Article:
When he got it home, Henry locked the sword in his old kit from the war, washed up, and had his tea. He knew he ought to go to bed, but his thoughts were still filled with knights and castles, so he sat at the old computer that his son called a relic and logged onto the World Wide Web to see if he could find some answers.
How did one clean an old sword, anyhow?
He supposed he could call the curator of a museum, or an antiques specialist, but it was in the back of his mind that they might try to take the sword from him. And he simply could not let that happen. It belonged to him, now.
Henry hadn’t felt this good in years. So energized and full of purpose. He barely noticed the passage of the afternoon into evening, or evening into night. When his son phoned in the morning, as usual, he was still at his computer, and he didn’t take the call.
Which was why Peter came round at 10.
“Dad! Have you been sitting there all night?”
Henry turned in his chair to gaze blearily at his grown-up child. “Oh. Peter. Hallo. I didn’t hear you come in.”
“You didn’t answer your phone. Had me a bit worried, you know.” Peter tsked, looking over Henry’s shoulder at the computer screen. “What’s this nonsense you’re looking at now? Swords?”
“Yes, yes! You’ll never believe what I found!” Henry pushed away from the table and rose with little of his usual difficulty, in spite of the hours he’d sat in the chair, and went to his kit. Peter was close behind, demanding answers in a steady stream of belligerent remarks, mainly the usual claptrap about wasting money and remembering to keep putting extra by, for the sake of the future.
“Well, if it is worth something, ithe sword will be your inheritance instead of bits of my pension!” Henry snapped. He pulled the sword out, his hand comfortably gripping the hilt as though it had always done so, and turned on one bended knee to show his tarnushed treasure to his son.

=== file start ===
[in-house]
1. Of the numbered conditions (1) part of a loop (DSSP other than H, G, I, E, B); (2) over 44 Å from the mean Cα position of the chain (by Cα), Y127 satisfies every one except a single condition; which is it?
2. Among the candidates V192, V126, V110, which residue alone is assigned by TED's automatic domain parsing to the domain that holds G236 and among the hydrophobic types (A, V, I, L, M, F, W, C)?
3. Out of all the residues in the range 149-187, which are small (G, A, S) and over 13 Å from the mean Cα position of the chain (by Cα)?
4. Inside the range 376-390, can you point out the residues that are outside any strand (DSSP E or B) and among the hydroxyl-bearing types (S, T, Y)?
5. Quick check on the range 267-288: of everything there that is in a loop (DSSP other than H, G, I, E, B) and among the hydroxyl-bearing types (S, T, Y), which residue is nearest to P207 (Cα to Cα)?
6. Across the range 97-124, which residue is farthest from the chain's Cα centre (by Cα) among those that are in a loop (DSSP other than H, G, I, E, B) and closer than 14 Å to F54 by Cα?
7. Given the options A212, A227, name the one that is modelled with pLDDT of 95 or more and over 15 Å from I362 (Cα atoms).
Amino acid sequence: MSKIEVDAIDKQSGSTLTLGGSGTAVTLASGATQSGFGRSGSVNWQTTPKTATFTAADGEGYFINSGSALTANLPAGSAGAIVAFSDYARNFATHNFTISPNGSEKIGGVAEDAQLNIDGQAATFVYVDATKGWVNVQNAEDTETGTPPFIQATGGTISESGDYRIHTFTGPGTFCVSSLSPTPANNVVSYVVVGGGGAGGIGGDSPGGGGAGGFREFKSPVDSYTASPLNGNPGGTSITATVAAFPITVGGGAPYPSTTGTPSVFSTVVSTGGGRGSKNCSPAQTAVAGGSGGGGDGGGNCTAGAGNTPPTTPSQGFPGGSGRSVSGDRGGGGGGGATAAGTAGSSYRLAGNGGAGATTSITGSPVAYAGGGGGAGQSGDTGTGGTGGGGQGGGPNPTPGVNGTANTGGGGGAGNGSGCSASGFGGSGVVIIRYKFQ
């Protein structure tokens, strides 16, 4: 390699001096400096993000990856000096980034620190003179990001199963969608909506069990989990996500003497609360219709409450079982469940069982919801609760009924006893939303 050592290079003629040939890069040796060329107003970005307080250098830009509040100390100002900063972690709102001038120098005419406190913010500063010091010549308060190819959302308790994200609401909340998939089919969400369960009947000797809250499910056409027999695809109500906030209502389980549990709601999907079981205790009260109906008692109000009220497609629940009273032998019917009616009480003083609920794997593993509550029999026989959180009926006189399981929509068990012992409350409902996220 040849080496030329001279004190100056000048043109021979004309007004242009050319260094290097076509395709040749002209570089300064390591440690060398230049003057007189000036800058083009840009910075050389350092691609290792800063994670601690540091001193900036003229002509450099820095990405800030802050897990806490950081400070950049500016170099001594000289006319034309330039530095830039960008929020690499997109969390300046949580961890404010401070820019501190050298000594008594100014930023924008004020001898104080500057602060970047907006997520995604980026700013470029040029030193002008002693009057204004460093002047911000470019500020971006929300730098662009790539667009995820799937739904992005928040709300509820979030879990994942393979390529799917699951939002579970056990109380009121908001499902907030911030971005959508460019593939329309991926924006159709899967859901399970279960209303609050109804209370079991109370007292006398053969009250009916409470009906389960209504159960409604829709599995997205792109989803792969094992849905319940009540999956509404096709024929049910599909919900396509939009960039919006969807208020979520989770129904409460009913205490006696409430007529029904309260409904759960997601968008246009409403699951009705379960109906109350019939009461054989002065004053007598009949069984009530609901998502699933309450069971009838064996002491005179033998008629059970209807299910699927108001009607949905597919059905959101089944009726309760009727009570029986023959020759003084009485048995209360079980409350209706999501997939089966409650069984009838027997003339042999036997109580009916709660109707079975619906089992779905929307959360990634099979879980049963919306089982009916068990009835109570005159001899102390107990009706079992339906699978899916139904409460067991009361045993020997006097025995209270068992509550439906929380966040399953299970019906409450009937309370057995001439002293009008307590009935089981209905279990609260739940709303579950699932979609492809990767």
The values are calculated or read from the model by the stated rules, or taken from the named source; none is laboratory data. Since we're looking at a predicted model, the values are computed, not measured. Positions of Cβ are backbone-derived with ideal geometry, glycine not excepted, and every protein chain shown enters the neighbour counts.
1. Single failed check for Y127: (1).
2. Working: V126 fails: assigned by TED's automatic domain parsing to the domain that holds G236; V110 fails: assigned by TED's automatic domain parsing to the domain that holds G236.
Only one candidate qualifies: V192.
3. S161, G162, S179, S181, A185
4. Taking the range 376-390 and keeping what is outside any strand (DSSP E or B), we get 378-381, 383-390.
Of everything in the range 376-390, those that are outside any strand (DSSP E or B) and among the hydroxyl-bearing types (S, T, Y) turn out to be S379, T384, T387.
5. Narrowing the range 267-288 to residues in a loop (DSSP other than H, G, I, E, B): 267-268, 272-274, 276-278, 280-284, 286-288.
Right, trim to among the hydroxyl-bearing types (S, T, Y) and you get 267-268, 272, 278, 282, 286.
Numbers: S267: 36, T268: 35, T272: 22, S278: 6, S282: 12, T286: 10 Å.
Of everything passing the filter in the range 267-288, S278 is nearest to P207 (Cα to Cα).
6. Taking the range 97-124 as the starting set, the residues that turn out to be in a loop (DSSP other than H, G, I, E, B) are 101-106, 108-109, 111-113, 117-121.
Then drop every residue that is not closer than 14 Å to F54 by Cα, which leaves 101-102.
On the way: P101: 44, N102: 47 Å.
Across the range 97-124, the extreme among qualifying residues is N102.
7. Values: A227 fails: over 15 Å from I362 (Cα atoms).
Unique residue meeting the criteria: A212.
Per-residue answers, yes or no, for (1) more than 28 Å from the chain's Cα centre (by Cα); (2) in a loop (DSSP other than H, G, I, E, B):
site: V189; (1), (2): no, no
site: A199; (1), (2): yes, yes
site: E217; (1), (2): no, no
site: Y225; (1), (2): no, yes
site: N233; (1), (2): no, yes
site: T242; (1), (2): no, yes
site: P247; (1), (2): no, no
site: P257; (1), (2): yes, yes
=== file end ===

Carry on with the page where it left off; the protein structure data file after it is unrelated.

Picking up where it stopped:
He underestimated how quickly he could turn. Was used to his bones creaking and his joints aching. Peter was standing too closely, as he’d been wont to do for years, invading Henry’s space in an effort to be helpful.
The blackened and uneven blade sliced cleanly through Peter’s side, cutting kidney and intestine right up to the ribcage, where it caught. Henry and Peter stared at each other. Then, following his instinct, Henry put his weight behind the hilt, changed his grip, and thrust the blade upward, cleaving his son’s chest in two.
Peter’s mouth fell open and then his head dropped down as though he wanted to watch the sword’s gleaming metal sliding free of the sheath of his body. Henry couldn’t take his own eyes off it, barely glancing as his son’s corpse hit the floor. Under the layer of swiftly clotting blood and matter, threads of fabric and bits of skin, the blade shone almost like new. And then, before his astonished gaze, the blood disappeared. He blew the dried bits of material off the sword, marveling at its craftsmanship and beauty.
“Now that’s a way to clean you up, isn’t it?” Henry whistled, long and low. He turned the blade this way and that, noting how the shine ended where the blood had stopped. He rose to his feet, his back straighter than it had been in years. Henry felt like a new man.
But when he experimentally dipped the last of the tarnished bits in his son’s open wound, there was no noticeable effect.
“Ah, I think I understand, my sir,” Henry told the blade. “I worked in a pub for forty years. I know a thirsty customer when I see one. And only a fresh pint’ll do, won’t it?”
He stepped over Peter and headed for the door. The young fellow who lived next door, who’d kicked his car and dented it — Henry could often hear him outside, strutting about with his mates. He couldn’t wait to see what the bastard lay-about thought of his new sword.